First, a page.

House Armed Services Committee Looking At 25-30 Year Pace For Reaching 355 Ship Navy

May 2, 2017 7:07 PM
Newport News Shipbuilding placed a 900-ton superlift into dry dock, continuing construction of the nuclear-powered aircraft carrier John F. Kennedy (CVN 79). Nearly 90 lifts have been placed in the dock and joined together since the ship’s keel was laid in August 2015. Newport News Shipbuilding photo.

WASHINGTON, D.C. — The chairman of the House Armed Services seapower and projection forces subcommittee believes the Navy can reach a 355-ship fleet in the 25- to 30-year timeframe, given industrial base capacity and expected funding levels.

Rep. Rob Wittman (R-Va.) told USNI News today that, based on a Congressional Budget Office report, achieving a 355-ship fleet in under 20 years would be impossible due to industrial base capacity, and so the question for lawmakers is now whether they want to aim for a 20-, 25- or 30-year track.

“I believe that we can truly send that signal (to industry) and we can get that production ramped up to where we can get to 355 I think somewhere in the 25- to 30-year timeframe,” Wittman said at an event cohosted by the Center for Strategic and International Studies and the U.S. Naval Institute.

After the event, he told USNI News that spending an additional $5 to $6 billion a year above recent averages for shipbuilding would get the Navy to 355 ships in 25 years. While he would like to speed up that timeline a bit, the reality of continuing resolutions, budget caps and other political hurdles may slow the shipbuilding spree to a 25- to 30-year pace instead.

“I would like to see us move to the left, but I think it begs the question more fundamentally, this is the track upon which we need to dedicate resources, and if we want to get there more quickly we need to dedicate additional resources, but there’s a certain point where even if we dedicate additional resources you can’t get there because you don’t have the capacity in the industry,” he said.

During the event, Wittman said the Fiscal Year 2018 National Defense Authorization Act would be an important step in setting this pace for the Navy’s buildup.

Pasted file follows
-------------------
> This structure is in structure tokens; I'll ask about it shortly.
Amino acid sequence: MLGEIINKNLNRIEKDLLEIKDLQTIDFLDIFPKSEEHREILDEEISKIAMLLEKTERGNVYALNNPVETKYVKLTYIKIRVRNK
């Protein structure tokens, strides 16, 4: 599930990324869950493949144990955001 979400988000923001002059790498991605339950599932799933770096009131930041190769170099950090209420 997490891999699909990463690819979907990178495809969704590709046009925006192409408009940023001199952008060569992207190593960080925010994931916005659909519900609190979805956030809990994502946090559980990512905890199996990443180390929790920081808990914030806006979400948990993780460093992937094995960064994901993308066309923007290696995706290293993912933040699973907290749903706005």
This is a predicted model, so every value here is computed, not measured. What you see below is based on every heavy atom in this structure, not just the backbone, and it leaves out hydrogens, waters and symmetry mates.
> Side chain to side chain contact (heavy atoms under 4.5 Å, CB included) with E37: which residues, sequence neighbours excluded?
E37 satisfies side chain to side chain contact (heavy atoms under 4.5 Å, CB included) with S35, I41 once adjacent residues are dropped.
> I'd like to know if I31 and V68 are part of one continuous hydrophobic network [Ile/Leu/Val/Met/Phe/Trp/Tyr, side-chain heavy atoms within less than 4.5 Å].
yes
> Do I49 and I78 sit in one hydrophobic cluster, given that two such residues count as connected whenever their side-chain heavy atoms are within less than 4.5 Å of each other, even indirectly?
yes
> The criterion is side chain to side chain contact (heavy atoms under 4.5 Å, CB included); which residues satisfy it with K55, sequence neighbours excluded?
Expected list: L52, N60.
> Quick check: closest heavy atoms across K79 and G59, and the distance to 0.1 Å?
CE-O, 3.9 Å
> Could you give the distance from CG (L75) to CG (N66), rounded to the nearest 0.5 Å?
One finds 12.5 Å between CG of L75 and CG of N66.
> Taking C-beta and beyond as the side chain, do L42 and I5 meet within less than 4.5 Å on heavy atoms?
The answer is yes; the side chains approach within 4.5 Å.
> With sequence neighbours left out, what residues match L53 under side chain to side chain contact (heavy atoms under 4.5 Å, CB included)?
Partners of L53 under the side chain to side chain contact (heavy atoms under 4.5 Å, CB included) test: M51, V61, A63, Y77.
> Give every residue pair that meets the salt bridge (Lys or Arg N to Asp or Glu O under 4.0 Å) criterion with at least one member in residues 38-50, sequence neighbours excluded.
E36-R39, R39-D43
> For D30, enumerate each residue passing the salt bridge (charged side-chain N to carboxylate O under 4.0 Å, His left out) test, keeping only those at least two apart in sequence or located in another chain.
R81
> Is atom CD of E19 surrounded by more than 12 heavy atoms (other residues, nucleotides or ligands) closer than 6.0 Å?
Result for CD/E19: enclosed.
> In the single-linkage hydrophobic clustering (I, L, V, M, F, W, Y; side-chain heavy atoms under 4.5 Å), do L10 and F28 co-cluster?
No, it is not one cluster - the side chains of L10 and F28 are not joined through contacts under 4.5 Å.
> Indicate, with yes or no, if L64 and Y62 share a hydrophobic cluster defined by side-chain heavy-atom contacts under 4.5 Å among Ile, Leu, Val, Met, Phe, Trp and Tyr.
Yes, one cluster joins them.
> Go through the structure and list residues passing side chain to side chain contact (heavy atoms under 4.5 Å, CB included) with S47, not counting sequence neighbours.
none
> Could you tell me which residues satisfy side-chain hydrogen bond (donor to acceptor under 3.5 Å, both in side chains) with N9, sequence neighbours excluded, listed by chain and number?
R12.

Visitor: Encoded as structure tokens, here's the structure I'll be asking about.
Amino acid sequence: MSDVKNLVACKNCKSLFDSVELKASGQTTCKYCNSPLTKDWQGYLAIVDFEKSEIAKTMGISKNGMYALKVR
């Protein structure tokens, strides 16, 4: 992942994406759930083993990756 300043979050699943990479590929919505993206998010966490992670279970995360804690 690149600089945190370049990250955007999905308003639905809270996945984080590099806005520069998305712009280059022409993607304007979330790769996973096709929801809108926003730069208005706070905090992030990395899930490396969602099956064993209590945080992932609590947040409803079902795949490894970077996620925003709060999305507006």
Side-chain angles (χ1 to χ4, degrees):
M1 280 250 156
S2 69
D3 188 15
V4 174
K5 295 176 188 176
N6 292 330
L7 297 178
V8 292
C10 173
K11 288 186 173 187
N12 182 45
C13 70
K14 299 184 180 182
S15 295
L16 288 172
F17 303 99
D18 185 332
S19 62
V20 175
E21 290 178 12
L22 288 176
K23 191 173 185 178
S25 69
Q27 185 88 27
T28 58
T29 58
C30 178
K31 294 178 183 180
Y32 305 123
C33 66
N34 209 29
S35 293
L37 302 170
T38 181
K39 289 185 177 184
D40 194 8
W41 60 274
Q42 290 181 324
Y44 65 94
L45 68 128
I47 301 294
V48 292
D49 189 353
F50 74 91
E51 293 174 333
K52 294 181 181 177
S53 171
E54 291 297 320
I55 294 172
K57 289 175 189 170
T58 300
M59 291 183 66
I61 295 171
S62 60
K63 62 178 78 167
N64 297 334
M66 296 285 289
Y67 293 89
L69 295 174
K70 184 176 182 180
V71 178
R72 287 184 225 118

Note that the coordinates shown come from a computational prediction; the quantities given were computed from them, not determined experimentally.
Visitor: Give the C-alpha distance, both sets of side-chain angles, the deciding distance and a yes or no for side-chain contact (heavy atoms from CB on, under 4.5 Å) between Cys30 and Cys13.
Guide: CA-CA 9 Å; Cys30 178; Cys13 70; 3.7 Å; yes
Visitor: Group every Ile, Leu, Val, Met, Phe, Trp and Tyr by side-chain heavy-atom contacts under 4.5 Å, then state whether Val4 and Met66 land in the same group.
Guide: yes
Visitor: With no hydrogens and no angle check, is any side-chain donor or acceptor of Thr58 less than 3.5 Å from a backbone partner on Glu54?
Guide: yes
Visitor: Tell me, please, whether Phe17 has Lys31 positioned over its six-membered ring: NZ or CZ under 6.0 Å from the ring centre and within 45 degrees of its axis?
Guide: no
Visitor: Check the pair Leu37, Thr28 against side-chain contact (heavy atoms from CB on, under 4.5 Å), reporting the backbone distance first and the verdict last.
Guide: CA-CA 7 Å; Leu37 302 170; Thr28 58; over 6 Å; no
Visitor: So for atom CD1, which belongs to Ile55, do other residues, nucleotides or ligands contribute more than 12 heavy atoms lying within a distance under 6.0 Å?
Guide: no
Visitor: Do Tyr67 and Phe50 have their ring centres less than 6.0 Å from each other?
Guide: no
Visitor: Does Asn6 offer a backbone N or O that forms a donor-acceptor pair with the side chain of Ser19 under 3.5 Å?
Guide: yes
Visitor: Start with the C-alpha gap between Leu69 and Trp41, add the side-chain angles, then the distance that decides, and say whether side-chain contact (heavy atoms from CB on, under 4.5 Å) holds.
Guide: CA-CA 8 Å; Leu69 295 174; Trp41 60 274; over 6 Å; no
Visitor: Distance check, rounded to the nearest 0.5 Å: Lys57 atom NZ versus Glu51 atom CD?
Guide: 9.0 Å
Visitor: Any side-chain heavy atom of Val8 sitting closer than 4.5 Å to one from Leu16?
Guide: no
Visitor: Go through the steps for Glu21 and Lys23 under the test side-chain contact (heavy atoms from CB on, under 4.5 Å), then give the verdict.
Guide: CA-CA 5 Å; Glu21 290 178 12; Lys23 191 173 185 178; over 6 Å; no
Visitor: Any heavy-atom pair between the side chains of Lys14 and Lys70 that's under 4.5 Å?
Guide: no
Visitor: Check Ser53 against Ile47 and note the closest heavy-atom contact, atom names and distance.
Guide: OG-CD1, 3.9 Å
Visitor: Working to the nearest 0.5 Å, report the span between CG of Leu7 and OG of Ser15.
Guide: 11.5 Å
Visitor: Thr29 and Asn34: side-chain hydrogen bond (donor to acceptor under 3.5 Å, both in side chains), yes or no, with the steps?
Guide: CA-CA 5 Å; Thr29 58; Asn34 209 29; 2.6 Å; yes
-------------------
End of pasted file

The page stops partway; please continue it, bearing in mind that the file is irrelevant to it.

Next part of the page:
“For us, being able to set the proper glide path to get to 355, we need to understand what capacity is in the industry; how much is there; what can they build; how do we make sure that we create the certainty where the industry is willing to invest or willing to make the commitment; say, yes this is serious, this isn’t going to be a one- or two-year endeavor, this is going to be done over a long period of time,” he said.
“So our charge this year with the NDAA is to as aggressively as we can begin that glide path to 355. And I think you have to send that signal, I think you have to look at where can we get industry to start to crank up that effort. It won’t necessarily reveal itself in additional ships in the immediate year … but we’re going to have to push the issue early on.”

Rep. Joe Courtney (D-Conn.), the ranking member of the seapower subcommittee, said at the same event that Congress can do more to help the Navy and industry get to 355 more quickly and efficiently. Citing the National Sea-based Deterrence Fund – a pot of money that funds ballistic-missile submarine construction and allows contracting authorities such as multi-year procurement, continuous production and cross-class procurement between the boomers, attack submarines and aircraft carriers – Courtney said the fund is “the real poster child in terms of really promoting these efficient authorities” to reduce the time and cost of shipbuilding.

He said he would spend this year “challenging the appropriators and some of the folks at the Pentagon to really break out of the annual budget system of appropriating and authorizing ship construction and … look at more multi-year approaches. It just creates tremendous opportunities for efficiencies, continuous production, which is a great way to help the supply chain.”

Though the House and Senate appropriations committees initially pushed back strongly against the National Sea-based Deterrence Fund, as it took away their annual control over shipbuilding spending, Courtney said lawmakers “almost they have no choice” if they want to get to 355 ships in this budget environment.

In addition to cost savings, Courtney said the fund would create schedule benefits as well. Wittman said there had been “just a few hiccups with the Columbia class” – referencing old and recent delays on the new boomer program, which has now eaten away all its schedule margin and must stick closely to its schedule to avoid the first-in-class Columbia missing its first scheduled deployment. Courtney said in response that “the Sea-based Deterrence Fund efficiencies that we got authorized really still haven’t been sort of factored in totally in terms of the Navy’s (schedule) projections. I actually think that if they really embrace those authorities and implement them, we could even buy back some time in terms of schedule for Columbia construction.”

Megan Eckstein

Megan Eckstein

Megan Eckstein is the former deputy editor for USNI News.

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